Somali pirates are back in action

In a concerning development, Somali pirates hijacked the Iranian fishing vessel Almeraj 1 in November 2023, demanding a ransom of $400,000. They threatened to use the vessel for further hijackings if their demands were not met. Just two days later, another group of Somali pirates seized the tanker Central Park off the Yemeni coast. Fortunately, a distress signal sent during the attack led to the capture of the pirates by forces from a nearby American warship as they attempted to escape in a small boat.

These recent incidents have prompted the Somali government to call for increased international support to prevent a resurgence of piracy in the Horn of Africa. This fear is not new; similar concerns arose after five previous attacks in the years 2017, 2018, 2019, and 2020. Despite these worries, experts believe a major resurgence of Somali piracy is unlikely.

Understanding the Threat

Our extensive research into the rise and fall of Somali piracy indicates that the capacity for such attacks still exists, but a full-scale return is improbable. The International Maritime Bureau’s Piracy Reporting Centre, which monitors and helps suppress piracy and armed robbery at sea, shares this assessment.

Somali piracy was a significant threat at its peak in 2011, when pirates carried out 212 attacks, costing the global economy an estimated $18 billion, according to the World Bank. The severity of this threat led to a range of anti-piracy measures that have effectively curbed the problem. These measures can be categorized into four main strategies:

  1. Naval Operations: International naval forces, including the world’s most capable navies, have conducted extensive anti-piracy operations.
  2. Self-Protection Measures: Shipping companies and flag states have implemented costly self-protection measures, such as employing armed guards.
  3. Legal Framework: An established legal framework has enabled the prosecution and imprisonment of pirates.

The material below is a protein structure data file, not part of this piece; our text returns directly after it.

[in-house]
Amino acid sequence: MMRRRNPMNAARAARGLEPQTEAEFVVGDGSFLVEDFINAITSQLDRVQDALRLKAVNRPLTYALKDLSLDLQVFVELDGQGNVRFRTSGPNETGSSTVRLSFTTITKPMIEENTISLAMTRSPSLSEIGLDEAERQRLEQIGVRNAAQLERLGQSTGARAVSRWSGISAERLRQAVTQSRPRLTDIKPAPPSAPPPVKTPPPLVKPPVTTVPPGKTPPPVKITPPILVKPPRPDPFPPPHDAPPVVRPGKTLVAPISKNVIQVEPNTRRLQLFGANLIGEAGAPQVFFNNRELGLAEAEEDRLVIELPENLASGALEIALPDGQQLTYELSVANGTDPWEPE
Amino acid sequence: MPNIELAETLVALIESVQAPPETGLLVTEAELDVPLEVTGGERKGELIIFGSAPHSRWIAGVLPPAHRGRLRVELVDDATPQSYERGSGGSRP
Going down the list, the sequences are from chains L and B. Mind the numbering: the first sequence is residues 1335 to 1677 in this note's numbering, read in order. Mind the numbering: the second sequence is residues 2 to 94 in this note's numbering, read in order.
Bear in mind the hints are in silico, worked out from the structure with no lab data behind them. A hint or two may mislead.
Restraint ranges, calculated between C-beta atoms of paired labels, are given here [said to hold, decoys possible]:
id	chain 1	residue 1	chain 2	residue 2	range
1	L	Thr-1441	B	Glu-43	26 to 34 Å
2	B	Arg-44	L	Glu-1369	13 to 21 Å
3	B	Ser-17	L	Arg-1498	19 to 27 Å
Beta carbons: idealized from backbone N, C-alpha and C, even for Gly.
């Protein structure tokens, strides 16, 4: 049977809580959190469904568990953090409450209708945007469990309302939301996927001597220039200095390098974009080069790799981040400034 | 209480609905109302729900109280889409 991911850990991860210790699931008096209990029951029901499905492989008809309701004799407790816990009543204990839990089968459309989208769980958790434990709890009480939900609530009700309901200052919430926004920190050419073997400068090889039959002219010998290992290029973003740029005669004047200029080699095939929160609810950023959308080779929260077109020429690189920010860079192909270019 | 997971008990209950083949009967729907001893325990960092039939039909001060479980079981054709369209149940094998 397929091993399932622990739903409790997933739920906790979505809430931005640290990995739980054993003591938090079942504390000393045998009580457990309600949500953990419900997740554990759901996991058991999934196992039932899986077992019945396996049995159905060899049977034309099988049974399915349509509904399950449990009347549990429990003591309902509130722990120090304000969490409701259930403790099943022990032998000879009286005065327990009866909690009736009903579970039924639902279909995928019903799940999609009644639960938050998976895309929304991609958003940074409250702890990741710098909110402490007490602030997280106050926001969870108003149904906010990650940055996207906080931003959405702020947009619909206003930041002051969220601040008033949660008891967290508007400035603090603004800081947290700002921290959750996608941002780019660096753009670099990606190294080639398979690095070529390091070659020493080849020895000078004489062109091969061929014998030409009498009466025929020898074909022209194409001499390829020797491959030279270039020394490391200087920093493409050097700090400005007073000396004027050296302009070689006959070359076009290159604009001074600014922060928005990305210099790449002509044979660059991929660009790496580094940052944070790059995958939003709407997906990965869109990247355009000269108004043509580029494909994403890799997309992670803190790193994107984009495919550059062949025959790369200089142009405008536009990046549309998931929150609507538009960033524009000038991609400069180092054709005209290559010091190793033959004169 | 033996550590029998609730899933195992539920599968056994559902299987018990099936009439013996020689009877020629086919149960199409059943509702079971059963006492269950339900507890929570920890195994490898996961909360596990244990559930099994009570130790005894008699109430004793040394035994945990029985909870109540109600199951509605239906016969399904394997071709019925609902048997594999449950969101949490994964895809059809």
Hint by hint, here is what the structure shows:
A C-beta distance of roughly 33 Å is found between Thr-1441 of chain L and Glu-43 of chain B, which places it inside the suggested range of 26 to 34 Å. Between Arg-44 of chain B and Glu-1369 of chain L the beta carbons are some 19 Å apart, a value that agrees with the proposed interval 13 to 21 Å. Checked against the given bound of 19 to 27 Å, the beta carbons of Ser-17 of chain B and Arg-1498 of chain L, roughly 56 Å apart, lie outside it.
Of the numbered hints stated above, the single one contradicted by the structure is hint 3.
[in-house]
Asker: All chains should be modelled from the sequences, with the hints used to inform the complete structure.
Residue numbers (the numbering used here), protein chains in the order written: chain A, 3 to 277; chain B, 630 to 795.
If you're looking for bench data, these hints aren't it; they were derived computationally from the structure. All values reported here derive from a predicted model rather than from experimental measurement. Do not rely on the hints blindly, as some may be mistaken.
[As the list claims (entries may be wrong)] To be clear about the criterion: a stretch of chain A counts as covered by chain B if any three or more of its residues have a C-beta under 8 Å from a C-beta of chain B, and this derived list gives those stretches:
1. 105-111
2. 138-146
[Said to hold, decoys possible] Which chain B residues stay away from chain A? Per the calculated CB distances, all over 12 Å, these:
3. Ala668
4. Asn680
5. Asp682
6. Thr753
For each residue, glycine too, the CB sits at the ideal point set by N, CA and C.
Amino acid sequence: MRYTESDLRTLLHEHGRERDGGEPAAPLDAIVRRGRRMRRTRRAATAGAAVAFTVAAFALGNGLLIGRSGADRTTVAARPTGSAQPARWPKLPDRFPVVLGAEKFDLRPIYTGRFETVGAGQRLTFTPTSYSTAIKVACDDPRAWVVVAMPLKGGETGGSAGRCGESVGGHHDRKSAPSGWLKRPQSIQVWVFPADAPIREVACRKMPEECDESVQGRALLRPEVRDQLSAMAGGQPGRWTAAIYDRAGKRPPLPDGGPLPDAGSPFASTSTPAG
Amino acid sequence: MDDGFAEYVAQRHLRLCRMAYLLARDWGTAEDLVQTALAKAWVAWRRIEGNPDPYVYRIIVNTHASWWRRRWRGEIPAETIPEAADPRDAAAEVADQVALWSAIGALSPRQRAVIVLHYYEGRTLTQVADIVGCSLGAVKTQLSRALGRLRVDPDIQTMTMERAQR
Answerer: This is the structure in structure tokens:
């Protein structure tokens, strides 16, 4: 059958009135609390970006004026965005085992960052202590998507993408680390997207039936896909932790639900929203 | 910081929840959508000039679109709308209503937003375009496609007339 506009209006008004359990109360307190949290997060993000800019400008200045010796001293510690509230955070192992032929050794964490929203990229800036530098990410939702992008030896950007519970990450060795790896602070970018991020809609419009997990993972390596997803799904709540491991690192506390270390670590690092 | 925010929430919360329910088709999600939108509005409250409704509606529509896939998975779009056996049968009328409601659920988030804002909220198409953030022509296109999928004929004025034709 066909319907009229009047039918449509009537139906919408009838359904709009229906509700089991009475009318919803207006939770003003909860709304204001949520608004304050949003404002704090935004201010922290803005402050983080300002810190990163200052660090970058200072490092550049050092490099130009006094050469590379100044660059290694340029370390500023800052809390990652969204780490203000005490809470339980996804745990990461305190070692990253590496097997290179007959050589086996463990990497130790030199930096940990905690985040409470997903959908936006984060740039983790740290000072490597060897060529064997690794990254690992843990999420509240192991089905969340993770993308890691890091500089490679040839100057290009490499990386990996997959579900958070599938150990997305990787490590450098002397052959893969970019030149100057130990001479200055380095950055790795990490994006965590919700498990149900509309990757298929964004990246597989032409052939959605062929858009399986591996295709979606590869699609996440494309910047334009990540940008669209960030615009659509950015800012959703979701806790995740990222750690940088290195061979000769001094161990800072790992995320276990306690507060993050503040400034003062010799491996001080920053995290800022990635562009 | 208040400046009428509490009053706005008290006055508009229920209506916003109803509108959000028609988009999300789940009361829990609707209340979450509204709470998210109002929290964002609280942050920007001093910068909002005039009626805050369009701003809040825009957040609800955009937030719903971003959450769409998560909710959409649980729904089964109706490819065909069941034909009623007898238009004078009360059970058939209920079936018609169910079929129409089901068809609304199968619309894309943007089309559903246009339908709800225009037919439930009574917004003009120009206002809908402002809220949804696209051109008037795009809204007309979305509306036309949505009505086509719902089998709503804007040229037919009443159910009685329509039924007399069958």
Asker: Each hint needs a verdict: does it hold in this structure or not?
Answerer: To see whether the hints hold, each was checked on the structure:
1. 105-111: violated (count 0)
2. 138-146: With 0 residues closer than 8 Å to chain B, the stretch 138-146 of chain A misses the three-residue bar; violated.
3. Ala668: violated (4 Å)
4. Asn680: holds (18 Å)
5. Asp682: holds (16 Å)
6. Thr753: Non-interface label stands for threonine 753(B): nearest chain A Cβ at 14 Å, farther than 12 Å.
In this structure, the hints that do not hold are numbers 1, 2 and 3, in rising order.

4. Capacity Building: Efforts to enhance the capacity of regional authorities to patrol their waters and imprison pirates have been ongoing.

Continued Anti-Piracy Measures

Despite some scaling back, many of these anti-piracy measures remain in place.

  1. Naval Operations: While NATO terminated its anti-piracy mission in 2016, the European Union and a US-led coalition continued their efforts. Additionally, countries like China maintain independent patrols in the region.
  2. Self-Protection Measures: Most commercial ships traversing high-risk areas like the Gulf of Aden, the Somali basin, and the Indian Ocean still adhere to recommended self-protection protocols. These include reporting to maritime security centers, following designated transit corridors, and participating in group transits. Although fewer ships now carry armed guards, these self-protection measures remain effective.
  3. Legal Framework: The existing legal framework and the post-trial transfer system for prosecuting and imprisoning pirates are still operational. For instance, the pirates who hijacked the Central Park are likely to face prosecution and imprisonment, signaling to other pirates that their activities are not worth the risk.
  4. Capacity Building: International efforts to bolster the maritime security capabilities of Somalia and neighboring countries continue. The EU’s capacity-building mission in Somalia, for instance, supports the country’s maritime security sector. The success of operations by the Puntland Maritime Police Force, which has secured the release of hostages, underscores the effectiveness of these efforts.

High Risks and Low Rewards

The fate of the ransom demand for Almeraj 1 remains uncertain. However, historical data suggests that piracy off the Somali coast is a high-risk, low-reward endeavor. Of the five attacks between 2017 and 2023, none resulted in significant financial gain for the pirates. Even the capture of a Panama-flagged ship in August 2020 remains ambiguous regarding any ransom payment.

The lack of financial success in recent piracy attempts reinforces the view that a major resurgence of Somali piracy is unlikely. Should there be an increase in pirate activities, international naval forces and the shipping industry could swiftly counteract by intensifying naval patrols and reintroducing armed guards on ships.


While recent hijackings by Somali pirates have raised alarms, the comprehensive and multi-faceted anti-piracy measures currently in place make a large-scale resurgence improbable. The continued commitment of international and regional stakeholders to maintaining these measures ensures that Somali piracy remains an unprofitable and risky undertaking.

If necessary, the international community is well-equipped to respond quickly to any potential escalation, ensuring the safety and security of maritime routes in the region.

Peter Viggo Jakobsen and Troels Burchall Henningsen are associate professors at the Royal Danish Defence College. This article was first published by The Conversation.

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